Johan Prag Product Design & Design Direction


Lead product designer & co-lead for Figma brand direction


Figma is a cloud-based design and prototyping tool that allows designers to create and collaborate on a wide variety of design projects. Its real-time collaboration features enable multiple team members to work on the same design at the same time. The company was founded in 2014, with the first public version launched in 2016.

I joined Figma in 2016 where I lead the work creating the look and feel of the user interface as well as worked with the marketing team to define the brand ahead of a public beta and then the initial public launch. In 2016 Figma was a small team struggling to get designers on-board with the idea of working in a web tool. One reason for this was because of not trusting a new startup with their design files, and the look and feel of the earliest versions of Figma contributed to this sense of mistrust. Although Figma even at that early stage had most of the core functionality required of a professional design tool, it didn’t look the part. The primary goal of the work the design team did once I had joined the company, was to make the product feel more polished.

The Figma user interface as it looked on launch of Figma 2.0

With Figma living primarily on the web, a product goal became to make it feel equally at home on Mac, Windows and Chromebooks. This principle came to define the flat look and feel of the tool. It was also one of the most controversial parts of the Figma design language, with many designers used to working on Macs and wanting a UI that looked native to their favorite platform.

The collaborative features of Figma which included real time collaboration and commenting were a core part of the vision for Figma from the outset.
The toolbar divided the available tools and features into three distinct sections – creation tools, modification tools and controls over viewing and sharing. The multiplayer UI was designed by Sarah Pease and Evan Wallace.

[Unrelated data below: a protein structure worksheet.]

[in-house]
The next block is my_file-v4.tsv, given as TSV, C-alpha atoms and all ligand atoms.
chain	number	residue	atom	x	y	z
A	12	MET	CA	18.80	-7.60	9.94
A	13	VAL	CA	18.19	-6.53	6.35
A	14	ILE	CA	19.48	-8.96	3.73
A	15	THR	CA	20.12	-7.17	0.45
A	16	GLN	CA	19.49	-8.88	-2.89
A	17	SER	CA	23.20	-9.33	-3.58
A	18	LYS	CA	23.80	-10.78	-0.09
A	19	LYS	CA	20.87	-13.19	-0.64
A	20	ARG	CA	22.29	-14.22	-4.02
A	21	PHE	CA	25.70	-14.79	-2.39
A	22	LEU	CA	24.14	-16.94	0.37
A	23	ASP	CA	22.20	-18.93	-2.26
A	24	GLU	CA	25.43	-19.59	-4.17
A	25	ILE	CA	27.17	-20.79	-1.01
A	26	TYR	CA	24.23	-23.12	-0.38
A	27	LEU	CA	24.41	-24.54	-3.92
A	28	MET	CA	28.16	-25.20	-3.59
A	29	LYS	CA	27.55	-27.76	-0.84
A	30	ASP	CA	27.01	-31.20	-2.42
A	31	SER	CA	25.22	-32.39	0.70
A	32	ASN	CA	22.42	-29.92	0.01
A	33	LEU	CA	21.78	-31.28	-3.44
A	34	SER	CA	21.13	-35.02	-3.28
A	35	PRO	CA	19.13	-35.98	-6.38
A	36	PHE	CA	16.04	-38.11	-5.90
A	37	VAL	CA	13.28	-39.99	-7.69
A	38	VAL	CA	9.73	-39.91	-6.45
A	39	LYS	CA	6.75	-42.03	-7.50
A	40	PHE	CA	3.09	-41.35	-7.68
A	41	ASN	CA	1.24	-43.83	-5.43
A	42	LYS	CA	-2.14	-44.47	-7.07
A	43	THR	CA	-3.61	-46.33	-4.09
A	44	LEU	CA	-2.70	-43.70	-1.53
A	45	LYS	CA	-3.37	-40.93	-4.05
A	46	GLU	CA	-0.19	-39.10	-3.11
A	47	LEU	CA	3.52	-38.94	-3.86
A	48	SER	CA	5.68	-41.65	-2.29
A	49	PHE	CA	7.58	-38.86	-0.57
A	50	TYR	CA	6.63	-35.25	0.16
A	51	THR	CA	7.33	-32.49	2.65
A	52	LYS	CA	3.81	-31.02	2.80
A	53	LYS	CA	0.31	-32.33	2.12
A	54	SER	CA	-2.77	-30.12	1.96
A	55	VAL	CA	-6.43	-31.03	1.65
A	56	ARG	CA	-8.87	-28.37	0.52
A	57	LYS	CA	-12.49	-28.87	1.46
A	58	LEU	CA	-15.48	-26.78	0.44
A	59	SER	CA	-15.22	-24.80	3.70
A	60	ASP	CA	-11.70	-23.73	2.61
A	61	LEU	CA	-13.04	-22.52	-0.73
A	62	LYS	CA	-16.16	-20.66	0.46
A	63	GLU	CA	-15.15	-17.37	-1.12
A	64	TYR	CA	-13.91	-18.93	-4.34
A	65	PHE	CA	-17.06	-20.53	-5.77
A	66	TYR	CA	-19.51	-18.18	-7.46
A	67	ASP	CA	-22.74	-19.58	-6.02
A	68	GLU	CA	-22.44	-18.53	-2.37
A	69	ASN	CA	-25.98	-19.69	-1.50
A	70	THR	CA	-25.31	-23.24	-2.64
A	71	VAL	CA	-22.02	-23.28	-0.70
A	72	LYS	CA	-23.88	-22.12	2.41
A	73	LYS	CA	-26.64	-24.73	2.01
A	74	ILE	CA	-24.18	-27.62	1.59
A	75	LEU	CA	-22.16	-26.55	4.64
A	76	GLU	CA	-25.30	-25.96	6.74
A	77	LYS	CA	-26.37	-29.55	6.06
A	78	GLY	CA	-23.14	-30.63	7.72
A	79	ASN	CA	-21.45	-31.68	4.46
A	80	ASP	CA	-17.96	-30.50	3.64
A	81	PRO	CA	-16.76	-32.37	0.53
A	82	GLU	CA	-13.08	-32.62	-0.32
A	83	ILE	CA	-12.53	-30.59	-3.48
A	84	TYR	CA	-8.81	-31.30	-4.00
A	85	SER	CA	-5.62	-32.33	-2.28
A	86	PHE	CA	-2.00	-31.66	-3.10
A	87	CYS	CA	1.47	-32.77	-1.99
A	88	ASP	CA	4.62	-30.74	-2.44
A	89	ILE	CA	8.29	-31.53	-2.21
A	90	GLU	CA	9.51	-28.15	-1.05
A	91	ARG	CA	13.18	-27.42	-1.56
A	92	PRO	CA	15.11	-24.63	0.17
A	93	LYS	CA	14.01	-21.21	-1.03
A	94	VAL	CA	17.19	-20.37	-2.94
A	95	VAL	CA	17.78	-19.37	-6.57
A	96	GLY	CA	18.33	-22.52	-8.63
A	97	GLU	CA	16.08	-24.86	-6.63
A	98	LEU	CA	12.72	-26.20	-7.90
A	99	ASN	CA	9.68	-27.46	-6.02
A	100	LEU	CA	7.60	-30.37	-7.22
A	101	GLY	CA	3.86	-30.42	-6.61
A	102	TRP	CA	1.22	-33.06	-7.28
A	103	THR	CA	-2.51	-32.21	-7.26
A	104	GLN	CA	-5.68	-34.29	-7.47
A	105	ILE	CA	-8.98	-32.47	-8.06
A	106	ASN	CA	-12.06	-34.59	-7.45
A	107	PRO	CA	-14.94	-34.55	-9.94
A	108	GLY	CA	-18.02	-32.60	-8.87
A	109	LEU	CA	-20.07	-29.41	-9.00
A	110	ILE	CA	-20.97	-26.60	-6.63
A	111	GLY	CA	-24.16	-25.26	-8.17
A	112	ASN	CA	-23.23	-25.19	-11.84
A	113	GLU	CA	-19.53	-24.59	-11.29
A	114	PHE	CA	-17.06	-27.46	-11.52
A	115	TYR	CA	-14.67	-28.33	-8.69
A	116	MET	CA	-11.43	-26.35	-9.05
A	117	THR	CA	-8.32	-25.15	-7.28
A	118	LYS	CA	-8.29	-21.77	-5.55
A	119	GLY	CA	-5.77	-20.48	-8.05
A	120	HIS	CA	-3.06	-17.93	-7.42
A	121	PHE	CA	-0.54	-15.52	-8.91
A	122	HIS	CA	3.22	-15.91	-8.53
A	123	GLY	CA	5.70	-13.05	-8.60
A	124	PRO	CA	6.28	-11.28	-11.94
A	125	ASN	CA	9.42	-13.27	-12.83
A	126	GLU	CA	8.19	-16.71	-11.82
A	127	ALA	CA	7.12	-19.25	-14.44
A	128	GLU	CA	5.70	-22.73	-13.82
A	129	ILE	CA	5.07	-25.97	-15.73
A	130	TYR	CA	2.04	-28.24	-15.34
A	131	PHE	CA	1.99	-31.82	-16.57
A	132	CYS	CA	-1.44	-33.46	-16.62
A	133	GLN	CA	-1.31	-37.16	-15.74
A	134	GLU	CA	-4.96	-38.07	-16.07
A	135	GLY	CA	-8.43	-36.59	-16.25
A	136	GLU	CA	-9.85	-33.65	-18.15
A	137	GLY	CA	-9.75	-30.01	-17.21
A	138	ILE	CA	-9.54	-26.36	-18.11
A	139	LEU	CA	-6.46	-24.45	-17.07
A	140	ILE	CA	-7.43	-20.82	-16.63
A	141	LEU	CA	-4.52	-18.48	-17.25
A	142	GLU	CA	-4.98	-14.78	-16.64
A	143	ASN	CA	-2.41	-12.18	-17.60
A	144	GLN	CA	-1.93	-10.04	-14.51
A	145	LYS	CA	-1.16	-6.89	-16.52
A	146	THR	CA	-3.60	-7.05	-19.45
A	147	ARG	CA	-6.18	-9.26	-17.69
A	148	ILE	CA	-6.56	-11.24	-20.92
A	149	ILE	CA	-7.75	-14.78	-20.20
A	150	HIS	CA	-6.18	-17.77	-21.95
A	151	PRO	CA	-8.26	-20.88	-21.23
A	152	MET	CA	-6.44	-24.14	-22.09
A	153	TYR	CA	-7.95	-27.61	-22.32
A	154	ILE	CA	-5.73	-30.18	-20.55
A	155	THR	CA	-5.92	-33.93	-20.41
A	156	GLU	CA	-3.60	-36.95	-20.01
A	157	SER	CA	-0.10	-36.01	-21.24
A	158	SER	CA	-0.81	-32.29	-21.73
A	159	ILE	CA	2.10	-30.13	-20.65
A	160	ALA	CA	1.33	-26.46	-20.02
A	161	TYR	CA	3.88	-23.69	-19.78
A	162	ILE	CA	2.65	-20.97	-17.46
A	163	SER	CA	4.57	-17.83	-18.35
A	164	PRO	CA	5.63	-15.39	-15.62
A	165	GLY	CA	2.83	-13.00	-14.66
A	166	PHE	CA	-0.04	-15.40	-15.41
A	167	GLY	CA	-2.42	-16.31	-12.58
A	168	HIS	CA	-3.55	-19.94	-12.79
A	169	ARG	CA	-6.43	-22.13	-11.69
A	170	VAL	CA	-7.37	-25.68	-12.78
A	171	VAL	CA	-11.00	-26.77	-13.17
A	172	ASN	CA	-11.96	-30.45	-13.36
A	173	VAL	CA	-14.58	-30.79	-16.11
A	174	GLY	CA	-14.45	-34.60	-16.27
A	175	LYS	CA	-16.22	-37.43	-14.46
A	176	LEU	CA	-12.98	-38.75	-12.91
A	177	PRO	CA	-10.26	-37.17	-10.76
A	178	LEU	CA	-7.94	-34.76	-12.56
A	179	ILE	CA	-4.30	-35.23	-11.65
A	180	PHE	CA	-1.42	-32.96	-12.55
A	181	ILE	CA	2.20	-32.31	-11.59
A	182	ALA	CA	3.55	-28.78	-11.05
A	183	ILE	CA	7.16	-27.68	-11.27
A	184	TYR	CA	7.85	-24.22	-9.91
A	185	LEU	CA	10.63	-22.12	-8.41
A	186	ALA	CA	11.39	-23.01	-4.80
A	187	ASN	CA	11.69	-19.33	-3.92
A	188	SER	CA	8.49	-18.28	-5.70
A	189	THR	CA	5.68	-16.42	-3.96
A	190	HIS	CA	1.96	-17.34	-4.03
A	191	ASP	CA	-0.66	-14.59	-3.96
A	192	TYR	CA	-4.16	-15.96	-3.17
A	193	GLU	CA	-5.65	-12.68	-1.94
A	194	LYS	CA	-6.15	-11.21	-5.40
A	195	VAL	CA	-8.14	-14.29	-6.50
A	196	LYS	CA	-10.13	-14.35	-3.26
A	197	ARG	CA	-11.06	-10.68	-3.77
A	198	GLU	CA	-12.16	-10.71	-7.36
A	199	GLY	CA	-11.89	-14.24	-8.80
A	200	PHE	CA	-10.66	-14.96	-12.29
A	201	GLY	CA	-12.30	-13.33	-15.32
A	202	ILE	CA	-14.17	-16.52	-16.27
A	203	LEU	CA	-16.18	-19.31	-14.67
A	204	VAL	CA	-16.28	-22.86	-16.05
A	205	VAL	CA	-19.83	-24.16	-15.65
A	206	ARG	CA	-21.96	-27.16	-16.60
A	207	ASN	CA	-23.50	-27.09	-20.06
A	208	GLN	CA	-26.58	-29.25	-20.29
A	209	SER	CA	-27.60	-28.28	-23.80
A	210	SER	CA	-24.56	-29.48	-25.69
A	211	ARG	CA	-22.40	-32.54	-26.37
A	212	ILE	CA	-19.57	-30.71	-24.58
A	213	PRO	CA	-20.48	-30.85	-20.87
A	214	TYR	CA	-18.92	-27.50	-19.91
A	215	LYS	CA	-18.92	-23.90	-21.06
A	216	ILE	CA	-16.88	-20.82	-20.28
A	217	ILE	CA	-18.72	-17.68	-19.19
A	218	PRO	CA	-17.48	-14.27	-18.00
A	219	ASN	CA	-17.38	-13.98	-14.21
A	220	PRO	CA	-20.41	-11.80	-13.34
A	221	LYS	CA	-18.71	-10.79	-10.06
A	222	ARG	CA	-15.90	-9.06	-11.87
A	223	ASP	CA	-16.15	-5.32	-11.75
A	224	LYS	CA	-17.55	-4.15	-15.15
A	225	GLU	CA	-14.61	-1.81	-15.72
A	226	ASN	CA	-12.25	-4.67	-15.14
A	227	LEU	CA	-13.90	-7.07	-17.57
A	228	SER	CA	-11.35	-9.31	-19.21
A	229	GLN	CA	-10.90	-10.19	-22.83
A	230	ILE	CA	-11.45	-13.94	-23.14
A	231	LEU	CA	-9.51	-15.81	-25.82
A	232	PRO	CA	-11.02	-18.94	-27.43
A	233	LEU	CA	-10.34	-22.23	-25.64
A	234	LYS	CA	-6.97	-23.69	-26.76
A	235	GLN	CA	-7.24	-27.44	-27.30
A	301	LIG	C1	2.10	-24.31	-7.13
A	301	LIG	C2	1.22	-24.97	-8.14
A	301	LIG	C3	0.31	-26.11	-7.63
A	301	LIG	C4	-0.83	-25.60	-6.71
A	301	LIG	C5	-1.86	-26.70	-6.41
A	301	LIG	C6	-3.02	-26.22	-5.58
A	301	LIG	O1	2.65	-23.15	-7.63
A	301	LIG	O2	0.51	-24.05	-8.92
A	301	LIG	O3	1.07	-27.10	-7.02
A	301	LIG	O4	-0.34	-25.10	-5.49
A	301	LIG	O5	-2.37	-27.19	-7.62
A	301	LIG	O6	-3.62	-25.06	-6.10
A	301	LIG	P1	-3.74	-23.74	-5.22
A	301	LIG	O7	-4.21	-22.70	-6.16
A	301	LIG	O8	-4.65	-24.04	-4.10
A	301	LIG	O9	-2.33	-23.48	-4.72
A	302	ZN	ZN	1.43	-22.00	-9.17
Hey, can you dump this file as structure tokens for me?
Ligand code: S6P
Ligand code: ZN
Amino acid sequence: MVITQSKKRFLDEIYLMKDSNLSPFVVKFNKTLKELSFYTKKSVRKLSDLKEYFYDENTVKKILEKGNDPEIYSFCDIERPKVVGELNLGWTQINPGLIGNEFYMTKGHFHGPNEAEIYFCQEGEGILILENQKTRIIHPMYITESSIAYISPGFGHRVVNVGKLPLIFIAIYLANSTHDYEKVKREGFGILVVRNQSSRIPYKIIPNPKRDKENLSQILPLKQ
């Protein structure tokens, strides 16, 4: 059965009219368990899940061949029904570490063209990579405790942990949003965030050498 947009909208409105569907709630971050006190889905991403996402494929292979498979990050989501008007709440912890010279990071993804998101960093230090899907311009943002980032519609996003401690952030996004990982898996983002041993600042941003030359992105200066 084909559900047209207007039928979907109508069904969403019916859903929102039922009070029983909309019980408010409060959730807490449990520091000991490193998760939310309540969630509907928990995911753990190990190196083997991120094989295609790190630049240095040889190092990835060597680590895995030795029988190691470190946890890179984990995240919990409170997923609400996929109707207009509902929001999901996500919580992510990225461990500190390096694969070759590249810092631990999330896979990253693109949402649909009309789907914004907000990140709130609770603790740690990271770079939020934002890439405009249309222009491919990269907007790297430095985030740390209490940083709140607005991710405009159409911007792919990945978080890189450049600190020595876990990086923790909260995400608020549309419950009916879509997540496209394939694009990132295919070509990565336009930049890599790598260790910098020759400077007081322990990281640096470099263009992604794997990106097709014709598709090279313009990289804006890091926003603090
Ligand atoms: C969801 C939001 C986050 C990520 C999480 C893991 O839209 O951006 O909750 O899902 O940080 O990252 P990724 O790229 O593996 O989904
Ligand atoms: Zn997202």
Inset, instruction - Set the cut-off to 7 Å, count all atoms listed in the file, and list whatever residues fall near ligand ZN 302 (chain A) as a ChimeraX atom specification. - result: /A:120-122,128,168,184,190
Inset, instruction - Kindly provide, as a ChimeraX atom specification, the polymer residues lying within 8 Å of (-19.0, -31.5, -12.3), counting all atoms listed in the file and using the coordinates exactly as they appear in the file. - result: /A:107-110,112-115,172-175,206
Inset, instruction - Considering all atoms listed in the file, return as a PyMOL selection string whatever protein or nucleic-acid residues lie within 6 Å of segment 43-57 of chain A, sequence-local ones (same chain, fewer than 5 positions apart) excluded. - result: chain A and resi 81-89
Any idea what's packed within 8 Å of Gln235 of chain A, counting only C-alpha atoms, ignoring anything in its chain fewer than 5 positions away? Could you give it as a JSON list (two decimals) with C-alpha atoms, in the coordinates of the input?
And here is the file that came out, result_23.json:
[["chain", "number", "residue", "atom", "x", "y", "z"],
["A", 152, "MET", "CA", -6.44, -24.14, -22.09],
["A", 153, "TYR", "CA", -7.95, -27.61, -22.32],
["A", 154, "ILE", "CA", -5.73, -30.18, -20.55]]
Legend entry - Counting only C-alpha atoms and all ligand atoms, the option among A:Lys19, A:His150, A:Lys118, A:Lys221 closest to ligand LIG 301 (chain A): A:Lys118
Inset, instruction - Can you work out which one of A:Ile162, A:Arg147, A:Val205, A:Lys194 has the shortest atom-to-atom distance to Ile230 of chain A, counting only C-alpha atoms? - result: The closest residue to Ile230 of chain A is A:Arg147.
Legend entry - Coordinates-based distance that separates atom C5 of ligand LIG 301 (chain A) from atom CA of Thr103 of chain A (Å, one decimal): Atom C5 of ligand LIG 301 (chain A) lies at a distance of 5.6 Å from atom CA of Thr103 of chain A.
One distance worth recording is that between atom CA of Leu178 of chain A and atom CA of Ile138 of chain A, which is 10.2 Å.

The design of Figma was also a reaction against equating design mastery with the mastery of a particular design tool. With certain competing tools, designers needed to acquire foundation of obscure knowledge specific to that tool before being effective in it, skills that really had nothing to do with design and did not translate to other tools. We wanted Figma to feel intuitive and unintimidating even for non-designers. This would make the barrier to switching from more established design tools lower, but also invite non-designers in as contributors and collaborators.

A subset of the initial set of icons designed for launch.
The first version of Figma’s prototyping feature included the core features available today but lacked animated transitions.
The prototype Play mode. The minimal UI of many features was driven by the notion that Figma should get out of the way of users and the UI should fade into the background allowing designers to better focus on the work itself.

Figma was also an opportunity to define a different way of approaching product and brand design at a startup, one where designers on the product and marketing teams worked side by side to define the product, brand and culture of the company. It is common for startups to outsource this type of work to agencies, but there are numerous advantages to shaping an identity in-house. When working in-house, there is less of a need to land on a final set of design artifacts early on and it is instead possible to spend more time making sure the foundational design principles and culture created aligns with what you want to build over the long term. We saw Figma as being about celebrating the playful side of design and the joy of co-creation, tempered by a meticulous attention to detail. Design is fun, but it is serious fun.

The launch website (designed with Chris Hamamoto).
The Figma logotype was designed to be well crafted but to simultaneously look off-kilter.
The Figma symbol was meant to evoke children’s playing blocks and the modular nature of design work. (Designed with Chris Hamamoto & Rasmus Andersson)
An early design principle whereby the team avoided featuring the Figma logo prominently on swag, instead choosing to feature geometric shapes and different parts of the Figma design tool or reference features of the tool in non-obvious ways.